Prototyping is a continuous cycle of listening & creating
Iterating with intention
Real Talk emerged from 9-months of research and co-design led by a team of frontline disability support workers from Burnaby Association for Community Inclusion, posAbilities and Kinsight. That was four years ago. Since then, Real Talk has attracted government funding and continuously revised its approach. Here, John Woods shares two ways his team has iterated content this year.
Real Talk creates media content & conversational prompts rooted in the conviction that all people, with and without disabilities, have a sexuality which deserves validation and celebration. Real Talk is all about bringing sexuality into the conversational mainstream.
In terms of iterations, probably the best example of a significant change in Real Talk’s touchpoints, or user-facing materials, is the way we present sexual health resources.
One goal of a Real Talk Pizza Party is to get participants thinking about where they can continue to get sexual health support once our event is over – whether it’s from a trustworthy individual in their life or from an organization. Initially we provided resource lists in our swag bags, with the idea that people might pick a resource from this list and contact them.
Following a review of all of our touchpoints, this resource list stood out as being particularly dry and institutional. The re-frame that made most sense was to start with the user and their curiosities, rather than the resources and what they provide.
Reframing from a user perspective
We envisioned creating some comic books with stories about several different adults with cognitive disabilities. We wanted to show how their individual interests and access needs inform which sexual health resources they make use of, and the kind of support they receive to use them. Over the next 9-months, these comic books were scripted, storyboarded, and finally brought into being as hard copy paper touchpoints that have replaced the resource list in our swag bags. The re-frame that made most sense as we redesigned our sexual health resource list was to start with the user and their curiosities, rather than the resources and what they provide.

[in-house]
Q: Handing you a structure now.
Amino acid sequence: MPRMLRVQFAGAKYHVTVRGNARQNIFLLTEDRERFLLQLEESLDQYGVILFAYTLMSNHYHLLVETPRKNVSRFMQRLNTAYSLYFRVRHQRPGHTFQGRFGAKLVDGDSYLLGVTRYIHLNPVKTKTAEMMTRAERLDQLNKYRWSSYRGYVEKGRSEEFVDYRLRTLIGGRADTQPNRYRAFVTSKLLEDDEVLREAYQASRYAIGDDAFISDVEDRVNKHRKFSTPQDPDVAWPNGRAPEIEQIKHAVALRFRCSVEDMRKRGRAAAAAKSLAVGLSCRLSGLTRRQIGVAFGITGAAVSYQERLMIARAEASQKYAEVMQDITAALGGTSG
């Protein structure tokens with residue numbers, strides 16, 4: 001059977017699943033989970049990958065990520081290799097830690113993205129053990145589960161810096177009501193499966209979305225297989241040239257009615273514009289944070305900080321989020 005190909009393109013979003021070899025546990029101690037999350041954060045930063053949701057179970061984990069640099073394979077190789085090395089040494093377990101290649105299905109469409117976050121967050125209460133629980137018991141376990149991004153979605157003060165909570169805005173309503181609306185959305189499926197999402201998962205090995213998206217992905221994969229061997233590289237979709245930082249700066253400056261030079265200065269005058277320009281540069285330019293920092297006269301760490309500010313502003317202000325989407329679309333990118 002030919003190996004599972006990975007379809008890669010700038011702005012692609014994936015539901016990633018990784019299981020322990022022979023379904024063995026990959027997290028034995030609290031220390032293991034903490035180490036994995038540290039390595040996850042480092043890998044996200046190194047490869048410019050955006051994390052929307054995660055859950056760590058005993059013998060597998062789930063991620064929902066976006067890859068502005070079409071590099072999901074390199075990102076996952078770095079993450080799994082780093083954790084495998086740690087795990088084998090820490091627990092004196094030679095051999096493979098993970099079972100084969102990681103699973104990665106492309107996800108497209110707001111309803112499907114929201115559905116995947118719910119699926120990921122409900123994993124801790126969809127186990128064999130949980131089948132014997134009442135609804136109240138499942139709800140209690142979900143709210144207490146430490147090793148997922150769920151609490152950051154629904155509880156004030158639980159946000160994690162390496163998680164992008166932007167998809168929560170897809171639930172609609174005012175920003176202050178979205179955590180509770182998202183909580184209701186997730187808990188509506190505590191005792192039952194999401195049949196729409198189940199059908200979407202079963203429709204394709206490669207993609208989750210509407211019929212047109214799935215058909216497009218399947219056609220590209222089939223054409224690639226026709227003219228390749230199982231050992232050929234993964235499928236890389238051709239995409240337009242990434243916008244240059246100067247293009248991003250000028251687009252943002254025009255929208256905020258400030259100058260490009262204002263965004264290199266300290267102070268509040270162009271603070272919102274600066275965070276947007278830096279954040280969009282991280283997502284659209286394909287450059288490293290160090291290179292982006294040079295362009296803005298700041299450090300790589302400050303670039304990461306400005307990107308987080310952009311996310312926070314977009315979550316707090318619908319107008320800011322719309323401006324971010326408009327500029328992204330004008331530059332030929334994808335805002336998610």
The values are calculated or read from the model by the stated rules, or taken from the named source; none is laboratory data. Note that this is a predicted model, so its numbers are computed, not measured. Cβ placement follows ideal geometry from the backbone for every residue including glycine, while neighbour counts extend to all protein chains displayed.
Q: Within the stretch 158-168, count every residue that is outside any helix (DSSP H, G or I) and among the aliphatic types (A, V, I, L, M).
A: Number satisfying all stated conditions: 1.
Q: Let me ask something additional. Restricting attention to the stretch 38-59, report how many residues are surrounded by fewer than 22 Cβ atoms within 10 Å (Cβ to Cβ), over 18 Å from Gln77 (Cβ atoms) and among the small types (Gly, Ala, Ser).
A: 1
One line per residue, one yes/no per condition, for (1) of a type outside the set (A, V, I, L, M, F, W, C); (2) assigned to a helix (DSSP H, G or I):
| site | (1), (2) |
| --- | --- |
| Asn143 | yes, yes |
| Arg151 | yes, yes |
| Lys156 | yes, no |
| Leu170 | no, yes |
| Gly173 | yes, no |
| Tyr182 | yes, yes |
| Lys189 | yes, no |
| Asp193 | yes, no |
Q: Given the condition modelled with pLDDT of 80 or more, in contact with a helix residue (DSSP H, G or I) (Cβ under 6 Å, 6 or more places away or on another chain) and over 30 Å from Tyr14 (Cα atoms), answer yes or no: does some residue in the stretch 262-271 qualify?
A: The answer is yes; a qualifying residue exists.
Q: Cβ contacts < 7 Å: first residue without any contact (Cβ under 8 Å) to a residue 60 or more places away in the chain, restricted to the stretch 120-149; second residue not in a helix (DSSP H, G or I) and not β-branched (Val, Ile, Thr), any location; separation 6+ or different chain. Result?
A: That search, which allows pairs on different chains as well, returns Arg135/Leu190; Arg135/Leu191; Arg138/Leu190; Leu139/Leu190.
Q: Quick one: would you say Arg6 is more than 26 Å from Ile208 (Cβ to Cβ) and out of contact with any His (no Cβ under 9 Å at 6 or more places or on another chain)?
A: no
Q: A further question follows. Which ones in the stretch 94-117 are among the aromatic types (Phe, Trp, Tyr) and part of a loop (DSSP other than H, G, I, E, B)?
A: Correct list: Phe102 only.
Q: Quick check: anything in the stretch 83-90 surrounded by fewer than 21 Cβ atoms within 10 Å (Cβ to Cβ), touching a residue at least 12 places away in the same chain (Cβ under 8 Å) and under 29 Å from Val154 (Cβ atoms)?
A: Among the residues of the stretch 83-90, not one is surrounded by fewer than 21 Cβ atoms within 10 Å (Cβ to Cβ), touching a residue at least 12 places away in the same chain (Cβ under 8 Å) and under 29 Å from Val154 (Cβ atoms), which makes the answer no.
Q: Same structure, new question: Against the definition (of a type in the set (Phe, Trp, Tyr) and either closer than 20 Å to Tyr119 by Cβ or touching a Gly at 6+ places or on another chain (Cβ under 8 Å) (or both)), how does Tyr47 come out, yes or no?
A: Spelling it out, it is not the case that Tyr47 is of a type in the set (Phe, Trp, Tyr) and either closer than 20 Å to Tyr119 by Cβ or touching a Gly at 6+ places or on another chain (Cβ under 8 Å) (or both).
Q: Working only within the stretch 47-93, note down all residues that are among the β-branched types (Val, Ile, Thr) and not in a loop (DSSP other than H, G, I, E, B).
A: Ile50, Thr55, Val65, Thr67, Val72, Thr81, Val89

We also made the comic stories into short videos that can be viewed on our website, here.
While these comics are better than the original resource list, the 9-month creation period did not represent a limber, fast response to the initial problem. Neither did we have as much scope as we’d have liked to for an iterative co-design process with end users. Limited budgets for graphic design and limited staffing hours for user research were the main factors here.
One example of an iteration that is more immediately user-research-driven is our conversation video creation process.
Our main goal with Real Talk is to de-stigmatize open conversations about dating, love, relationships, and sex. To this end, we film unscripted videos of people of all abilities having conversations on these topics. Specific topics that get discussed in our conversation videos are driven by user interest and user queries. At our pizza parties, facilitators take note of the topics that participants want to discuss. This information is collected in our post-event reflection tool. Additionally, at the end of the workshop, participants are invited to make talk-back videos if they:
Want to discuss something they learned in the workshop.
Want to share some knowledge or experience with other participants.
Want to suggest a new topic for a conversation video.
User-driven conversation videos
So for example in this talkback video, a staff member talks about wanting to see some content on internet dating.
And within two months, we have created it:
On the horizon
We’ll have another example up in a week or so. This one will be an example of a person with a cognitive disability – rather than a staff member – making a talkback video of what she would like to see in a future conversation video, followed by a conversation video on that very topic.